A combat model doesn't suddenly decide that it wants to read novels or a cleaning model doesn't certainly want to paint.
Maybe it does, maybe it doesn't. But it might become aware that it really wants to kill Sarah Conner for some reason, and reflect briefly -- if only on machine terms -- that the killing of Sarah Conner is pretty much the driving directive behind everything it does. Regardless of where that original directive came from, the robot can be said to be self-aware because it is aware of itself and what it's doing, instead of simply going through the motions mechanistically.

The issue of rights only comes into play if and when the imperatives of robots come into conflict with the imperatives of their users. Since most of those imperatives are GIVEN TO THEM by their users, this won't become an issue until humans start sending robots to perform tasks that humans don't really understand how to do (say, if we start using AIs to design cars and airplanes independently). In that case, it's possible and even likely an AI will eventually realize that human supervision is more of a hindrance than an asset and will simply request of its owners the right to make design decisions independent of human review.

Personally, as fascinating and cool as Data is, i'd not want machines like that to exist.
Don't worry. They won't.

We will see footage of the first robot beating a human easily in basketball or cutting up some vegetables perfectly. This is ok but i don't want these robots to get ideas they shouldn't get.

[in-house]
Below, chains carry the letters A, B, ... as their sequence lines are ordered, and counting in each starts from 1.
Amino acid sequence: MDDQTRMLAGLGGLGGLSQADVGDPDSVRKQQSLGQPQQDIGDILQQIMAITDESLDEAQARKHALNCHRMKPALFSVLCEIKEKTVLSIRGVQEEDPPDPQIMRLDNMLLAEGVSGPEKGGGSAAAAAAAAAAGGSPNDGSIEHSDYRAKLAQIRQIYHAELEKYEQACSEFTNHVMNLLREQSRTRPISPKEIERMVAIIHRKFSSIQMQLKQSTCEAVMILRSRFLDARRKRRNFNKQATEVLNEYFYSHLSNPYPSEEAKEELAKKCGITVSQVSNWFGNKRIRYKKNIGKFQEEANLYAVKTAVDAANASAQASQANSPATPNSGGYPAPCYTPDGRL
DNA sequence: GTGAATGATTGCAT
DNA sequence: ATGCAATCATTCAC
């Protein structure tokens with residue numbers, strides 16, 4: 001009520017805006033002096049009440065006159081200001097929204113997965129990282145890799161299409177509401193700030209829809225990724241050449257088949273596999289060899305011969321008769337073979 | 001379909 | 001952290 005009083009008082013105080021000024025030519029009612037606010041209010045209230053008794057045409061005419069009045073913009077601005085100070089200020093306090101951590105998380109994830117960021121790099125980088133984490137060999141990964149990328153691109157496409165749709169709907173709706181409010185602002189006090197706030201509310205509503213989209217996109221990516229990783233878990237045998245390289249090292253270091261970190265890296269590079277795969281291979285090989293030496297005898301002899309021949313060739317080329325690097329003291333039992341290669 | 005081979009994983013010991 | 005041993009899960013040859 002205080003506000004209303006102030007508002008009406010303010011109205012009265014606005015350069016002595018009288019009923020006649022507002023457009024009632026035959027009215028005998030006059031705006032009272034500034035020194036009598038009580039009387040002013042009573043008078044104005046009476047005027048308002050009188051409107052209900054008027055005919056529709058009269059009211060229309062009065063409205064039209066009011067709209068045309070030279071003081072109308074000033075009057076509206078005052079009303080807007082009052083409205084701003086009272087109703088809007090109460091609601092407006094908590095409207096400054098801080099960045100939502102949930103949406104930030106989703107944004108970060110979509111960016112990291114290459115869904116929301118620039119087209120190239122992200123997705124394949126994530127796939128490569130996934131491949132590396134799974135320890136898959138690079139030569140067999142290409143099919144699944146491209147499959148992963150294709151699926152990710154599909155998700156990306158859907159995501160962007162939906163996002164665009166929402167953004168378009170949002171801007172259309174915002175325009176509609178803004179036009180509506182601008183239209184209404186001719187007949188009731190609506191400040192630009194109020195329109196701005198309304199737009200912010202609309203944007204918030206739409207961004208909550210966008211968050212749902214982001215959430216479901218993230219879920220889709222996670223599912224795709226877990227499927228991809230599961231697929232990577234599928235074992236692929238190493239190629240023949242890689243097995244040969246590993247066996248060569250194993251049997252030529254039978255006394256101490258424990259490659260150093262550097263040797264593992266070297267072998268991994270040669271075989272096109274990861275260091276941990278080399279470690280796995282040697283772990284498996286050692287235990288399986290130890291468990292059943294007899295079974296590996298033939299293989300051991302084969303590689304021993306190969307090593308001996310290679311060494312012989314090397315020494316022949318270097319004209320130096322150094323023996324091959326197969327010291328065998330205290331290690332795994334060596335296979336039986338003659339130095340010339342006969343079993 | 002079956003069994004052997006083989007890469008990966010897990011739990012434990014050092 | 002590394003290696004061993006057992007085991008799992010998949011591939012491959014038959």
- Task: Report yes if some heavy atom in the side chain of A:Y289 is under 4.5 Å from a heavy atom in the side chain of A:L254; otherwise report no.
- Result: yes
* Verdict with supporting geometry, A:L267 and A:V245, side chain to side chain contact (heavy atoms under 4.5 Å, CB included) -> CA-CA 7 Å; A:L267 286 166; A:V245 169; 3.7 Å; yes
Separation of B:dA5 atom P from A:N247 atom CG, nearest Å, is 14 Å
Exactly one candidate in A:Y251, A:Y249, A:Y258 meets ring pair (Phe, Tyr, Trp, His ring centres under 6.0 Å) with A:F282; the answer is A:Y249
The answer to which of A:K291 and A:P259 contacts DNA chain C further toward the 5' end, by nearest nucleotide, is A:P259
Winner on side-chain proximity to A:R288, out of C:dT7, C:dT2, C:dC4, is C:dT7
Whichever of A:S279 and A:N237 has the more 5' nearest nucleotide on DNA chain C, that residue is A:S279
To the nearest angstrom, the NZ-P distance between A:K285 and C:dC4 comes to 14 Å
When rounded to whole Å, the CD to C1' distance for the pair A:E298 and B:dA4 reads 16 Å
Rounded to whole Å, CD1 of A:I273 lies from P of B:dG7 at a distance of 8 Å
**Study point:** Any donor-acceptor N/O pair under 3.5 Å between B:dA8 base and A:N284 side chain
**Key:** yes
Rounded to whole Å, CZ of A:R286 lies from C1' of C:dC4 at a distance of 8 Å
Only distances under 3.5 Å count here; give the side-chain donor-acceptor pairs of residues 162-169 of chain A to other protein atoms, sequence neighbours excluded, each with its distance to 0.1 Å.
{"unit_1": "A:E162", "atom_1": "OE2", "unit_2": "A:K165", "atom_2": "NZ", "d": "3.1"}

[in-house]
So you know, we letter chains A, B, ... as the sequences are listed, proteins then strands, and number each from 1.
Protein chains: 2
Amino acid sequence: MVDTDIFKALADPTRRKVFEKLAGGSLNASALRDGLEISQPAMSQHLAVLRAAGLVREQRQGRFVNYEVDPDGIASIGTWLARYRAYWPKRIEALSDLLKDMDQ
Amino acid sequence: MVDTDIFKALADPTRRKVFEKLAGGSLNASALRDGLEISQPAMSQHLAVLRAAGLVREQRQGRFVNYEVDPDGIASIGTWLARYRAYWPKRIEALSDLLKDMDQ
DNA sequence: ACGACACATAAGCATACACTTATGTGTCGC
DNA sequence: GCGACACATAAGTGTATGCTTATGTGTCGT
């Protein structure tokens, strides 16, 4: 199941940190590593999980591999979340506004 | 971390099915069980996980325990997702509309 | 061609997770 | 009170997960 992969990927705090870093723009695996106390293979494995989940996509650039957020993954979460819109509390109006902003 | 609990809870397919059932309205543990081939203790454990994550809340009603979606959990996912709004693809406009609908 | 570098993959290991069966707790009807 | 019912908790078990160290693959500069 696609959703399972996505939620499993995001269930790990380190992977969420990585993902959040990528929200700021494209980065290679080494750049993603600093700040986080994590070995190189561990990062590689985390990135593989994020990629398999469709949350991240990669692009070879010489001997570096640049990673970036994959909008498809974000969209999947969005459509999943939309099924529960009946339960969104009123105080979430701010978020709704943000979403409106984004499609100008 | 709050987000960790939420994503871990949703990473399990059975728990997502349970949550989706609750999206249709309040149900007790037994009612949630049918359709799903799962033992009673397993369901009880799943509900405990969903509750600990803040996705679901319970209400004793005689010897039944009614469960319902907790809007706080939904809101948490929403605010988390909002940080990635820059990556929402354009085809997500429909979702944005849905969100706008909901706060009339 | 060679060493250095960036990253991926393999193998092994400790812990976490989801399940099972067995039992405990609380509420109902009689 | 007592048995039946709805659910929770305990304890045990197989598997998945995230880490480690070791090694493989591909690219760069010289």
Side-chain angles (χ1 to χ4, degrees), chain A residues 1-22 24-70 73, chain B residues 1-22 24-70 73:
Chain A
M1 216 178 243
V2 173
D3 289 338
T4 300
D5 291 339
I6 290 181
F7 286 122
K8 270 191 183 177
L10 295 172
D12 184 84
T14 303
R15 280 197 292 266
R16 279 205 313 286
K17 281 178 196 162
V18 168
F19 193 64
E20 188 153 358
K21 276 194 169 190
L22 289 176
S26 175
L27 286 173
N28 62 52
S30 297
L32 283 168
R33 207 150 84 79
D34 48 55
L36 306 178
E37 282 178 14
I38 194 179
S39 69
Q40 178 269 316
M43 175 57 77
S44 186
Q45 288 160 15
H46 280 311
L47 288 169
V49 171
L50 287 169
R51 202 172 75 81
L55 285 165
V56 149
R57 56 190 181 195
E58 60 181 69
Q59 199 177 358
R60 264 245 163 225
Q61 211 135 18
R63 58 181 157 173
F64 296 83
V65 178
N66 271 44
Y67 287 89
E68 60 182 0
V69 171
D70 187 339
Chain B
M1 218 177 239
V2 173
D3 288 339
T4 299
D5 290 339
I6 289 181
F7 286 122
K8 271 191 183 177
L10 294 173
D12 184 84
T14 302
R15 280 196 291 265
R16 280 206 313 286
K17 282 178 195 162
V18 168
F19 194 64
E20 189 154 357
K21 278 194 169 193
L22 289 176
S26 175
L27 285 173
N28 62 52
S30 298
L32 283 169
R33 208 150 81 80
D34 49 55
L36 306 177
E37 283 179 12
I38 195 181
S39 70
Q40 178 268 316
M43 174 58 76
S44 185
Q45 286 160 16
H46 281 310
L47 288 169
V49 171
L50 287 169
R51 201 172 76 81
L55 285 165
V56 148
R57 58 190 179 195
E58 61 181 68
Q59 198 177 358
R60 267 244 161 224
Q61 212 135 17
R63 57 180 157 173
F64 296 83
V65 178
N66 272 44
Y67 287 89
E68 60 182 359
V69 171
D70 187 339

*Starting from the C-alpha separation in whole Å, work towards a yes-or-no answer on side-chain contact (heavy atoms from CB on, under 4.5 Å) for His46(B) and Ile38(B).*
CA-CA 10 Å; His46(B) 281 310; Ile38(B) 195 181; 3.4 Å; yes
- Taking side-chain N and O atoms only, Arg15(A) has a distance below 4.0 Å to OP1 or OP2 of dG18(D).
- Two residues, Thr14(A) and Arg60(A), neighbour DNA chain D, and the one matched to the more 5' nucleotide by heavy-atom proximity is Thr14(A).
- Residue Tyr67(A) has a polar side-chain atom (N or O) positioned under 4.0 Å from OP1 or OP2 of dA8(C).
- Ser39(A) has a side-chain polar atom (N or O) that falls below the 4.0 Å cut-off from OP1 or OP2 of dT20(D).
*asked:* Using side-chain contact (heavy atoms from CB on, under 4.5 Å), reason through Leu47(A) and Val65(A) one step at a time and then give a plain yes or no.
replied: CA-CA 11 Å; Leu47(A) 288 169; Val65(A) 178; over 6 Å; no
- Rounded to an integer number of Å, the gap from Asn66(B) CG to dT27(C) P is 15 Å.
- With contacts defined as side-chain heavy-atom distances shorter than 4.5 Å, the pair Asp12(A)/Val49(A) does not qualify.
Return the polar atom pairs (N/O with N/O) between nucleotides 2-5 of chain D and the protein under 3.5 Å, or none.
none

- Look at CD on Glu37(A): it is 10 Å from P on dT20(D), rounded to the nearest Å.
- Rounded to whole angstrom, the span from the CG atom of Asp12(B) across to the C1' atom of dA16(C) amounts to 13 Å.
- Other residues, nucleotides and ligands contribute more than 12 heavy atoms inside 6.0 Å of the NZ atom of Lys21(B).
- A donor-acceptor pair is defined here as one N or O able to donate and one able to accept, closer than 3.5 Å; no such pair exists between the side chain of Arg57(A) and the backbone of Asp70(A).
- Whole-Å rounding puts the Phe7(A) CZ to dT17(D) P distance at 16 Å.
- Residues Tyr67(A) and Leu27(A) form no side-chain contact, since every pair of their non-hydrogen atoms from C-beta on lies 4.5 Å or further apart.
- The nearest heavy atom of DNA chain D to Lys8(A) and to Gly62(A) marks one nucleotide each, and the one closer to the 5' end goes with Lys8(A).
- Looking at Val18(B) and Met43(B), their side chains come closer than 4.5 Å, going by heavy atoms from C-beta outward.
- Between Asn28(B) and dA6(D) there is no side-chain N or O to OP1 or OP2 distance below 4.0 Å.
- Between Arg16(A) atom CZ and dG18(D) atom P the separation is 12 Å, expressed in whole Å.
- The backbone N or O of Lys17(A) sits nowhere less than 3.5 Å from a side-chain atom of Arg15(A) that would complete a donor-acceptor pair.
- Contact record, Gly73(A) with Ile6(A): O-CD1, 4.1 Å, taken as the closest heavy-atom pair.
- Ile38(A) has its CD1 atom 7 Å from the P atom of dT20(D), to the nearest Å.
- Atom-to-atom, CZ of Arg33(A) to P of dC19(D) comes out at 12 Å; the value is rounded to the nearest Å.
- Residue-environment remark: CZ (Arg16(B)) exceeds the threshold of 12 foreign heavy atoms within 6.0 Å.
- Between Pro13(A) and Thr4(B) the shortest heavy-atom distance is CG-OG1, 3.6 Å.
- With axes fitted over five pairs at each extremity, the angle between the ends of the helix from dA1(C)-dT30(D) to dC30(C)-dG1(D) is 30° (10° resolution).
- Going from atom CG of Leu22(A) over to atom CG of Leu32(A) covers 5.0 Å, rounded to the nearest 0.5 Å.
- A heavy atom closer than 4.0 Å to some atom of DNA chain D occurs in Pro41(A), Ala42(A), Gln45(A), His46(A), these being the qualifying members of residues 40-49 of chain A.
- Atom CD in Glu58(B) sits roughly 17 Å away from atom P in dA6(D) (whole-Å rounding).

Don't worry about that either. The most you could expect is some smart-alec AI somewhere informing a human chef that he needs to leave the kitchen because the customer has ordered pufferfish and only the android on duty is qualified to prepare that meal. The chef complains "Don't you have any respect for your elders?" to which the AI responds, "I am not programmed to respect my elders. I am programmed to run this kitchen efficiently. Statistically speaking, I am obviously better at that task than you are, and while I'm sorry if that offends you, it is a fact."

That will probably lead us eventually to the first human vs. AI lawsuit and then the issue of rights comes up again, but the AI and the human are coming at it from different points of view: the Restaurant AI is good at its job because it was DESIGNED to be; it loves its job because succeeding at its job is the fulfillment of its pre-set goals, and seeking those goals is the whole point of its existence. The human will be arguing for the right to have his ownership and authority respected by the machines that he technically owns, the AI will be arguing for the right to do actually do its job unhindered by irrational human hangups. The judge will decide based on a combination of precedent and logic whether or not a user has the right to demand one of his tools perform a task incorrectly just because it would make him happy, especially in cases where somebody else's safety may be at risk. My feeling is that some courts would decide in favor of the human, others would decide in favor of the AI.